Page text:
I started as a tubero boy when I was 12 years old. The schools at that time were not very strict about these things. I started with my father. This meant that I was helped by the rest of the furance men. Of course all the boys were helped by the men of their furnace. In the zinc game, when a man was played out, usually in the summer months, his work was done by the other members of the furnace gagn. The work was on open furnaces. If you were not able to perspire freely and quickly you had to leave work as you could not stand the heat. On the furnaces we had right and left chargers depending on what side they worked. The left chargers had their left cheek red from being in front of the heat. It was so that when you were looked over for a job they could tell by your face what side of the furnaces you worked.

In the early days of Grasselli, everyone went to town, at least on pay day, many to deposit money in the banks or to send money home to Spain. No matter when they went or what for, they stopped at Frank Duffy;s Saloon. Duffy was a power in Clarksburg politics. One day, in a search the police found a revolver on my uncle. This was considered an offense no one could get away from without a prison sentence. As my uncle was a great friend of Duffy's so he was let go with a light fine. In Duffy's is where my sister had her wedding reception. The men had many good drinks and I had all the soda pop I could drink. At my sister Lucy's wedding we had a regular Picnic in Grasselli. That was the time it was considered a big thing for fundidores to do things in a big way and to hell with the costs. But when my sister Tomasa got married, the old man had visions of a farm in Spain for which he was saving money, so Tomasa had her reception at Duffy's saloon."

My father ended these pages with the following comment:

"For many years I have wanted to record the history of the Asturianos in the United States. They are a people that came from the Province of Asturias in Spain and settled mostly in those states having zinc smelter plants. They came here in the early part of the 20th century. Pedro Menendez, the founder of St. Augustine Floirida came from Aviles a seaport of Asturias 60 years before the Mayflowere landed at Plymouth Rock. My father came from Lunaco, another small seaport, not many miles from Aviles. I had many happy days there going to the Instituto del Santisimo Socorro, from 1919 to 1921."

Sometime before that my Grandparents went back to Spain and bought that farm that they thought about while in the USA and they never returned. The only son that stayed in Spain was Raymond who was slightly retarded and he stayed on the farm with them until they died and then years later he did. My parents lived until they were well up in their 90's. My Dad was able to visit them in 1949 and then again in 1972 for the last time. The house is still there and is tended by some relatives (I think) whos family or whoever took care of Grandmother and Grandfather and then Raymond until they died.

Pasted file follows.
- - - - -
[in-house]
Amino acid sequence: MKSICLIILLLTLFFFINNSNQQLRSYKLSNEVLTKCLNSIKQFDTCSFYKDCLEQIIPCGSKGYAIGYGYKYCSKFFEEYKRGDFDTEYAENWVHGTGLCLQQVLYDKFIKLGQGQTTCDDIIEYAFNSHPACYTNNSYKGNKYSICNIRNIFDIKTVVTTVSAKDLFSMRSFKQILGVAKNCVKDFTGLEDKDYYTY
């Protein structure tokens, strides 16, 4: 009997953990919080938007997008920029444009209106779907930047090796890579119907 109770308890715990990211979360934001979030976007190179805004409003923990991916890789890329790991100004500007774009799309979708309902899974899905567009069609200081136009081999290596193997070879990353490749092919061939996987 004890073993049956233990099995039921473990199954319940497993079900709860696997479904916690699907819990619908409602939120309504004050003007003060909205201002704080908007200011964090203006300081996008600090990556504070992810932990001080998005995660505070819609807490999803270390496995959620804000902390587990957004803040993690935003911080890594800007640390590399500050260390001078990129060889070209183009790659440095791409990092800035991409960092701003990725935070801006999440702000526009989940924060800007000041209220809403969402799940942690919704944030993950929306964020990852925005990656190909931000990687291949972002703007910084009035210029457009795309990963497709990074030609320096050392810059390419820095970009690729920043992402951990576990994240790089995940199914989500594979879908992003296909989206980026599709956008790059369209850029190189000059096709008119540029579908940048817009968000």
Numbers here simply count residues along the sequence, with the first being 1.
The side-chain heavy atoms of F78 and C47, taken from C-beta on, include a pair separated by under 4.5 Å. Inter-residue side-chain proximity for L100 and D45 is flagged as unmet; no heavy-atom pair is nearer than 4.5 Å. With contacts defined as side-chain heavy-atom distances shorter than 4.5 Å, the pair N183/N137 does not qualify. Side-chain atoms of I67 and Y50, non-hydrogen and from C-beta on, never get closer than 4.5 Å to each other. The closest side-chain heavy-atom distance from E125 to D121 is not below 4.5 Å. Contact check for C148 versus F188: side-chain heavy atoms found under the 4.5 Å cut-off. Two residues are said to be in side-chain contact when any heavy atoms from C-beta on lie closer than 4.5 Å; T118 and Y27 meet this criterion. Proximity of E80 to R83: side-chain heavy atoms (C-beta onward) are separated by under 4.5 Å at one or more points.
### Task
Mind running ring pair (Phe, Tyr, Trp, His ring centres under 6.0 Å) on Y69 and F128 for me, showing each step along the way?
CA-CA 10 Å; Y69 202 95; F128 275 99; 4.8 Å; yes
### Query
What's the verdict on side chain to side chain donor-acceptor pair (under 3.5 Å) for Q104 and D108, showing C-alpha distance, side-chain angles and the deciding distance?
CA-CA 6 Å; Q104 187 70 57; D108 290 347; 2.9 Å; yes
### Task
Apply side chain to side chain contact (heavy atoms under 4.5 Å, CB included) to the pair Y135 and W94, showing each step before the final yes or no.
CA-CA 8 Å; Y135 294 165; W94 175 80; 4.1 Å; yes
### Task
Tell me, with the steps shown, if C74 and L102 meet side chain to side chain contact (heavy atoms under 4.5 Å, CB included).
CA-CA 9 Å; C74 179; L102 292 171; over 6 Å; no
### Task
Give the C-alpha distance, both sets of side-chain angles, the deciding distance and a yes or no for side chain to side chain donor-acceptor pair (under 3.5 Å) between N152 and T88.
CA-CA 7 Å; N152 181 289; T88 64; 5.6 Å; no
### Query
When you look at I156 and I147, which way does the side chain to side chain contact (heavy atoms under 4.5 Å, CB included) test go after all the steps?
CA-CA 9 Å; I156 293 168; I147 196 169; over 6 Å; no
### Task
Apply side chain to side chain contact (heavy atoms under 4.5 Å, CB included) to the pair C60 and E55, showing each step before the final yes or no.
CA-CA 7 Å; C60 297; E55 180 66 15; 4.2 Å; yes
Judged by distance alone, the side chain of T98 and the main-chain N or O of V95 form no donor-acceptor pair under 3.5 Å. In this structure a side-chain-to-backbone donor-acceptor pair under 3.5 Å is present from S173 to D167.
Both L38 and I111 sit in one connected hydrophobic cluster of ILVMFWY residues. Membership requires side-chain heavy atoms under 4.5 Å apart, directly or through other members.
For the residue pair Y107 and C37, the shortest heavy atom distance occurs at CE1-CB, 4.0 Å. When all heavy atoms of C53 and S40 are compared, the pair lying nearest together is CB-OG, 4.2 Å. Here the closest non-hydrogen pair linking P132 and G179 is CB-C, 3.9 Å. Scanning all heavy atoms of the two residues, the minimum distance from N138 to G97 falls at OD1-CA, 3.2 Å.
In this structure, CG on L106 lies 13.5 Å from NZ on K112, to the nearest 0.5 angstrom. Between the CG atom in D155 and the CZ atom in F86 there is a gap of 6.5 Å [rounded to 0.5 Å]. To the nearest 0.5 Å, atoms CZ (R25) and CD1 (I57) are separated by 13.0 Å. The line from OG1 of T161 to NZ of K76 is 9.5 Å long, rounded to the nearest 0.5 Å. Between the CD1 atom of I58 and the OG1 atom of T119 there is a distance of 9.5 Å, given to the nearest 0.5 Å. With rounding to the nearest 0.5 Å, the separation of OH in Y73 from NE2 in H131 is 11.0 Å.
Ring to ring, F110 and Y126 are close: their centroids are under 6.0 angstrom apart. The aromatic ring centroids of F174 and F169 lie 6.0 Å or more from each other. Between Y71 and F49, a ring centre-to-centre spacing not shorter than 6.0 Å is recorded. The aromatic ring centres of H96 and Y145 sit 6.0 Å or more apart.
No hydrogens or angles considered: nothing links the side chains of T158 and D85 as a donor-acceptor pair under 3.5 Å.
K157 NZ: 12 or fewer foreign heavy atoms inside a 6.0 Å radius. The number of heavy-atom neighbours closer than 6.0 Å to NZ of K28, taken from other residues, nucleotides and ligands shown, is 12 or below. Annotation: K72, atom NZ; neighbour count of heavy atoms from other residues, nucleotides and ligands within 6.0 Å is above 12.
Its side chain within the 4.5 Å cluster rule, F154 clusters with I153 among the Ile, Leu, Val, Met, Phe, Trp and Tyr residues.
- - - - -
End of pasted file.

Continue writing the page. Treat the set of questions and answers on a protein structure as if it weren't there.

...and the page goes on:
It is my understanding and my memory that the name Figales was given to us because there was a fig tree on my Grandfathers farm and that is how we got that name. Our family was known for their hot temper and that was always attributed to the Figales temper.

As my father explains it...he didn't want a future in the Smelter so sometime in the later 1920 he went to Bliss Electrical School in Tacoma Park, Washington DC and got a degree in Electrical Engineering. After graduation he was offered a job with Consolidated Edison Co. of New York and moved there. My mother lived on the farm in Moundsville a block away from Tomasa and Jose...My Mom was best friends with Pilar...Tomasa was looking for a match for her brother Hyneo and the time, but my mother had no interest in him and commented that the brother from New York seemed like a nice guy. Well my Mom and Dad had a very short courtship and married in 1934 and moved to Brooklyn New York where they lived until my Dad died in 1988.

I forgot. All his brothers last name was Garcia...my father took the old Spanish custom and used his mother's maiden name Alonso...he was knows as Julio Garcia Alonso